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‘ [530] the enemy were assuming very formidable proportions.’ ‘My position was now very critical. I looked anxiously to the rear to see the promised reinforcements coming up. The columns on my right and rear and that coming up in front, with which my skirmishers were already engaged, being watched with the most intense interest.’ I should think so!

Greene now pushed rapidly into the woods in rear of the church. There was no time, then, to watch or to wait. The only reinforcement Early could count on was his own head and heart. Leaving Stafford and Grigsby to hold back the advancing division of Sedgewick, he whirled his own brigade by the right flank, parallel to Greene, who had the start of him, but who was unaware of his presence, though only two hundred yards off, and made a race to head him off. His march was covered by ledges of limestone rock, which concealed him until he suddenly swept from behind them, struck Greene full and drove him back through the woods and through the confield. General Early remarks that ‘he did not intend moving to the front in pursuit, but the brigade, without awaiting orders, dashed after the retreating column, driving it entirely out of the woods, and, notwithstanding my efforts to do so, I did not suceeed in stopping it until its flank and rear had become exposed to the fire of the column on the left;’ i.e., Sedgewick's men. He withdrew it, reformed it, and, being joined by Semmes's brigade, two regiments of Barksdale's brigade, and Anderson's brigade, of D. R. Jones's division, on his right, and Stafford and Grigsby on his left, crushed him with one blow, swept Sedgwick out of the west woods, and he lost 2,255 men in a moment. General Palfrey writes: ‘The Confederate lines marched over them, driving them pell-mell straight through the west woods and the cornfield, and the open ground along the pike.’ Greene lost 651 men, most of them by Early's assault.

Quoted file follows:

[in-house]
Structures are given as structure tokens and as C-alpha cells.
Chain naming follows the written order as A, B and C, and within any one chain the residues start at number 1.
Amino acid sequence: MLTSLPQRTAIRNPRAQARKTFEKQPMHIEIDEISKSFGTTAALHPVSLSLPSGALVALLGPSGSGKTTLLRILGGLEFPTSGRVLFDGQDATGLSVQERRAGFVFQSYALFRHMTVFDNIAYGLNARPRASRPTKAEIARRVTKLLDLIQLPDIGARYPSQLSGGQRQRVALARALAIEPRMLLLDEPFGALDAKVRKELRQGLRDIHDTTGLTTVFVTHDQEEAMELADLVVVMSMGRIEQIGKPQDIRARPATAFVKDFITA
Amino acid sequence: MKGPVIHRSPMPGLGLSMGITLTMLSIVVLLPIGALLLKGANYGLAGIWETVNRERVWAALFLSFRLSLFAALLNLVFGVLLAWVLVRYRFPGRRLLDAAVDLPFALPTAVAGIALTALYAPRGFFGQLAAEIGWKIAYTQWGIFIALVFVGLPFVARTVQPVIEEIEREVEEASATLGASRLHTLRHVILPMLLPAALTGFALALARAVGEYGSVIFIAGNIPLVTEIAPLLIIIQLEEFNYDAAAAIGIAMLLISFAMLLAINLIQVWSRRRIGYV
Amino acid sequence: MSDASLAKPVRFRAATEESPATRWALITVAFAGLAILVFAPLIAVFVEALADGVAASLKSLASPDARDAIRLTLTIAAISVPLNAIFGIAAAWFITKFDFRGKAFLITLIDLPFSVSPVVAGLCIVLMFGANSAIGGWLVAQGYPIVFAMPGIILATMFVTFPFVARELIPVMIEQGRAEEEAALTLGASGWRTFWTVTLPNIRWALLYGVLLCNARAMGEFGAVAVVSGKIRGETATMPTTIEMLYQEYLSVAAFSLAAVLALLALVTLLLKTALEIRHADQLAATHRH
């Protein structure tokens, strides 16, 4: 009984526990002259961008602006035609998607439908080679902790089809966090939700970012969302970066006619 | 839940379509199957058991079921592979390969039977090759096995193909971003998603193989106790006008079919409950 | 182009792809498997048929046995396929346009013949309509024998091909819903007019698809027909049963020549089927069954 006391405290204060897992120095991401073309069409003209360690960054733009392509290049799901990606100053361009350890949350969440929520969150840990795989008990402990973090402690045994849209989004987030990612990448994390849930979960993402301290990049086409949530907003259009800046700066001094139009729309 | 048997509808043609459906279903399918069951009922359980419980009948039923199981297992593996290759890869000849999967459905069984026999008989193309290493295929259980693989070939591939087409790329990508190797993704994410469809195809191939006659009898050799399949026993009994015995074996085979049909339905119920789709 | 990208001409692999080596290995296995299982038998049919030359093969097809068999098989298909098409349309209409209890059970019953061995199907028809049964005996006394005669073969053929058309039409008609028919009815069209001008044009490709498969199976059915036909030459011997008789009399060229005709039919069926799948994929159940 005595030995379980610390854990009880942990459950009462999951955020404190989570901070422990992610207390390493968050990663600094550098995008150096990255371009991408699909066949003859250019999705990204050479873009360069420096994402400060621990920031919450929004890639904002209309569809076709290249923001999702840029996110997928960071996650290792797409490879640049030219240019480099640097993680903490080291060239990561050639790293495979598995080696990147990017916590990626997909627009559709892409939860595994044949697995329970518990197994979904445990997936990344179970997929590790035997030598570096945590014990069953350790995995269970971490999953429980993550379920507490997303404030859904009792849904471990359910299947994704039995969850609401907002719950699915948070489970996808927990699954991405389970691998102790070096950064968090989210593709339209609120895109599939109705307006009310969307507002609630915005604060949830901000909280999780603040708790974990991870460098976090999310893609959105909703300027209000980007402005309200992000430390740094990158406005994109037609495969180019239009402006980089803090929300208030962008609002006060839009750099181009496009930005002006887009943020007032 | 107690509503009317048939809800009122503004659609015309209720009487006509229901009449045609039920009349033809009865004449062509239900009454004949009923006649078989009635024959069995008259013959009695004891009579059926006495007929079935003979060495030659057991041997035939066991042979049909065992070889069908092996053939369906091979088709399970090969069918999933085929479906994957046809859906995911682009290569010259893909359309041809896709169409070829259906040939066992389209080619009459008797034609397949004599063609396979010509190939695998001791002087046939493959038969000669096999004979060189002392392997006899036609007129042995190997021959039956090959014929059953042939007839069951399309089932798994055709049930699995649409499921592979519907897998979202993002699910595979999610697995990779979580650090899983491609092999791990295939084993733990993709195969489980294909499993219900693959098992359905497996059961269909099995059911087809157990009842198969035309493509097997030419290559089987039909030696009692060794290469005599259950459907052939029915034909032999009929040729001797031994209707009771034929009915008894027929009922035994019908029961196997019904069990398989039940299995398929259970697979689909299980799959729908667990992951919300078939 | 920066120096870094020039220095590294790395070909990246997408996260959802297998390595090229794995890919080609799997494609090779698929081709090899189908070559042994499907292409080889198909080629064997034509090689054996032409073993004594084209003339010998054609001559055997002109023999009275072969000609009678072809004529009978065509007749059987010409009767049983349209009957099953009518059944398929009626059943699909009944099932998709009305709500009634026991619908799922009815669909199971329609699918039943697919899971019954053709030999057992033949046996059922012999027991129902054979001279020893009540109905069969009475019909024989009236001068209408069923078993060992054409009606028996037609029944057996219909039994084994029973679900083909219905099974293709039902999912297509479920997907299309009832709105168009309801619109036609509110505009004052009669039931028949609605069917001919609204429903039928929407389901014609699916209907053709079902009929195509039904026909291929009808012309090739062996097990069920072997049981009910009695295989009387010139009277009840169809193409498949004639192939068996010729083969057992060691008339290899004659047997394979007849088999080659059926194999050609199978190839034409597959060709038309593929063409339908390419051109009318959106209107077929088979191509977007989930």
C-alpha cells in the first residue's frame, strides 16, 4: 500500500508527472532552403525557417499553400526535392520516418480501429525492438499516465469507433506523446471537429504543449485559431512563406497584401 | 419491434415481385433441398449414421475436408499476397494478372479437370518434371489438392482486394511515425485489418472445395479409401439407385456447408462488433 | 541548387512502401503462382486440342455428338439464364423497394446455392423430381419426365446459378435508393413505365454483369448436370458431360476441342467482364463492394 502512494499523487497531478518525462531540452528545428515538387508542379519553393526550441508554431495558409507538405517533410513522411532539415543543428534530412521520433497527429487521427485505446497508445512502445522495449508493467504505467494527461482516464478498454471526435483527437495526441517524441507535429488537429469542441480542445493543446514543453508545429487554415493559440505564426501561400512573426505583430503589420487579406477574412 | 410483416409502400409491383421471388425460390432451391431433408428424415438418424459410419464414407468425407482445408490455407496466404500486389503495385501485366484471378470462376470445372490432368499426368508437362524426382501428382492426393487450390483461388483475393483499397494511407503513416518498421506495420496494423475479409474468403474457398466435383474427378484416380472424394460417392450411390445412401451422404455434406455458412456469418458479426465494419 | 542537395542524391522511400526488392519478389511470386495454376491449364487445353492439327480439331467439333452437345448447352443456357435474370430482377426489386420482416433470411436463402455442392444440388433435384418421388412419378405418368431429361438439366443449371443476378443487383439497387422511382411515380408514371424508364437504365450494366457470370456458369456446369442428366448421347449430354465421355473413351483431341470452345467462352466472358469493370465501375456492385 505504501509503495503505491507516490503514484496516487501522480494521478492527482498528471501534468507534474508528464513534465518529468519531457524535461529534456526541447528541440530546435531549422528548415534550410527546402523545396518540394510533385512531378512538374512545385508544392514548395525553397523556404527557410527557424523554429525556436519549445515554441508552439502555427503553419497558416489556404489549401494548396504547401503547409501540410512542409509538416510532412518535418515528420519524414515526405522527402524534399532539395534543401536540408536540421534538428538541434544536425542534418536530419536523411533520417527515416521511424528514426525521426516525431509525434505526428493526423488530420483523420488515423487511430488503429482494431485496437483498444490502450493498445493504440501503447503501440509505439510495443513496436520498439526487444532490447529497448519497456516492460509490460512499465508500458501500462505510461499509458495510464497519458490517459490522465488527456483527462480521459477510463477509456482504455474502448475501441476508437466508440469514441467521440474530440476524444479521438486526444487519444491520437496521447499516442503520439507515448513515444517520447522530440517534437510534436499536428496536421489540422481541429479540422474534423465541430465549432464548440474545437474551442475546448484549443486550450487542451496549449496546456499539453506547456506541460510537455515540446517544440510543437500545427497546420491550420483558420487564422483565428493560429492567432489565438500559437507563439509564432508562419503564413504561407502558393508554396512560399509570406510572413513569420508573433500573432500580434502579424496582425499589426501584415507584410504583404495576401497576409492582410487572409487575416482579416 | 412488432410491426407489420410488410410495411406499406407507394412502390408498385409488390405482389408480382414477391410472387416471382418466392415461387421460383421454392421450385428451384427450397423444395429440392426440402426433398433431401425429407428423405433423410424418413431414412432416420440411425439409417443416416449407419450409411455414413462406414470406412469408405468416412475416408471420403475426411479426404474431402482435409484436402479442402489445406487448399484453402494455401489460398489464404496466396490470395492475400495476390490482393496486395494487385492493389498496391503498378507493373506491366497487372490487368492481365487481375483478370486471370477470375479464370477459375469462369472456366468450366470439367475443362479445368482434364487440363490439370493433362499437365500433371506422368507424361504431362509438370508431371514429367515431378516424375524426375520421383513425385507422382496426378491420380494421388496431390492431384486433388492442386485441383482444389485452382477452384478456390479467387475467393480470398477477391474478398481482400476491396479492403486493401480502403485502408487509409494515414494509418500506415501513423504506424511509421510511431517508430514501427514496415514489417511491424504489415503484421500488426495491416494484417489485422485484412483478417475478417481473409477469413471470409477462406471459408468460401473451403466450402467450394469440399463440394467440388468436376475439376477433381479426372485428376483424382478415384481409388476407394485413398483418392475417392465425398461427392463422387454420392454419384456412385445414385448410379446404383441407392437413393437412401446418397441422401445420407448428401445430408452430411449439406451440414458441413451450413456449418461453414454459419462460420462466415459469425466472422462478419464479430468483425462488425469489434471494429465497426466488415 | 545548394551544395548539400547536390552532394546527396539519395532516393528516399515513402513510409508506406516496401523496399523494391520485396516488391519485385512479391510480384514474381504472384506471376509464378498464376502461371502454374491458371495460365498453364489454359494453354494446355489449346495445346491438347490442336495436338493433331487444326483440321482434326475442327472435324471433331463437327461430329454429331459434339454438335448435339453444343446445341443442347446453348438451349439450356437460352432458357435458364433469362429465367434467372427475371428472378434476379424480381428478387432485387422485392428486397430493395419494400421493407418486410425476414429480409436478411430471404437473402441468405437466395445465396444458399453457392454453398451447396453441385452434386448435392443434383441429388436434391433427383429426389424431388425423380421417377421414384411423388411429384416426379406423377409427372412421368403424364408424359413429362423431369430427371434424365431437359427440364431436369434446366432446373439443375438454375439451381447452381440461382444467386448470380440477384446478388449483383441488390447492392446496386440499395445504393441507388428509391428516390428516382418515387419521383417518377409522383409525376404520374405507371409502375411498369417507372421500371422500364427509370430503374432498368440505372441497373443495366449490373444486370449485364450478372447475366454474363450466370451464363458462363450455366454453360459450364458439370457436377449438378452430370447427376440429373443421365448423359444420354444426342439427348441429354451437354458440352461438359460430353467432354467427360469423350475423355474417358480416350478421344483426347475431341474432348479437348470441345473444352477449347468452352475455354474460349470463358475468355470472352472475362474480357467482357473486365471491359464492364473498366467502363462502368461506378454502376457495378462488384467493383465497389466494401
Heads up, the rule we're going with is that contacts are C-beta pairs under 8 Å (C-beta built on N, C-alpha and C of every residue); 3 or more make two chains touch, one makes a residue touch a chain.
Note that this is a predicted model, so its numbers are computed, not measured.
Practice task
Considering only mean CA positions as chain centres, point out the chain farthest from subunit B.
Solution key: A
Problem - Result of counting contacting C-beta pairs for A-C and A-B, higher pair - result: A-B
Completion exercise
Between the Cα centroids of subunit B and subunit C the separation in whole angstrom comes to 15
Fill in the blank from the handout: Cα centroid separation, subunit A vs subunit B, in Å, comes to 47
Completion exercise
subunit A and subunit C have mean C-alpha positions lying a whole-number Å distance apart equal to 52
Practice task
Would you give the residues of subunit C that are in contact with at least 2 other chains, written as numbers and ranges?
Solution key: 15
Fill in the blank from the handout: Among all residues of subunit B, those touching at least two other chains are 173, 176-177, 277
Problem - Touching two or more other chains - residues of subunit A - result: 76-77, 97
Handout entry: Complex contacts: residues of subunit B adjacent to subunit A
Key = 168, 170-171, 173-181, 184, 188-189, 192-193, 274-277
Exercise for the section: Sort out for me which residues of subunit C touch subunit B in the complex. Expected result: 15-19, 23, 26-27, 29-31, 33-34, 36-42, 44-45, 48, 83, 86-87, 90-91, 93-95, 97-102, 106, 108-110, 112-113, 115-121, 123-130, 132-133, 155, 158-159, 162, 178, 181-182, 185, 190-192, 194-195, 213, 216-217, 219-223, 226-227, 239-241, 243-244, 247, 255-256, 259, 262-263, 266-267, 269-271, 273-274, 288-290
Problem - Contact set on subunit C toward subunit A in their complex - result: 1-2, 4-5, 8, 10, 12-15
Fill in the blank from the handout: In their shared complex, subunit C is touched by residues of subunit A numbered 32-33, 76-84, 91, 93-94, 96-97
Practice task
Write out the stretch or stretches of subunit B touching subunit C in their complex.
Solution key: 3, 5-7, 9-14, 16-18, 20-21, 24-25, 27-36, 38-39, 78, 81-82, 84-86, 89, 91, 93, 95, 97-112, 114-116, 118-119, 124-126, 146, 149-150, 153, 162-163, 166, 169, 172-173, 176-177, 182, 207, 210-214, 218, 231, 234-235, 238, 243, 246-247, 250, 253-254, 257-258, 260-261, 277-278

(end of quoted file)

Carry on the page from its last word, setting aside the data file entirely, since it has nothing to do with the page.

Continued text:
General Sumner had attempted to pass entirely around the Confederate left and march into Sharpsburg. The result I have described.

No further attack was made in front of the Dunkard church, or west of the pike.

Smith's division, of Franklin's Sixth corps, took position to prevent a Confederate advance there.

Richardson and French, of the Second corps, taking a different direction from Sedgewick, had marched South. McLaws had relieved Hood, who was out of ammunition and had retired to fill cartridge-boxes. Moving east of the pike they forced D. H. Hill and

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Sharpsburg (Maryland, United States) (1)
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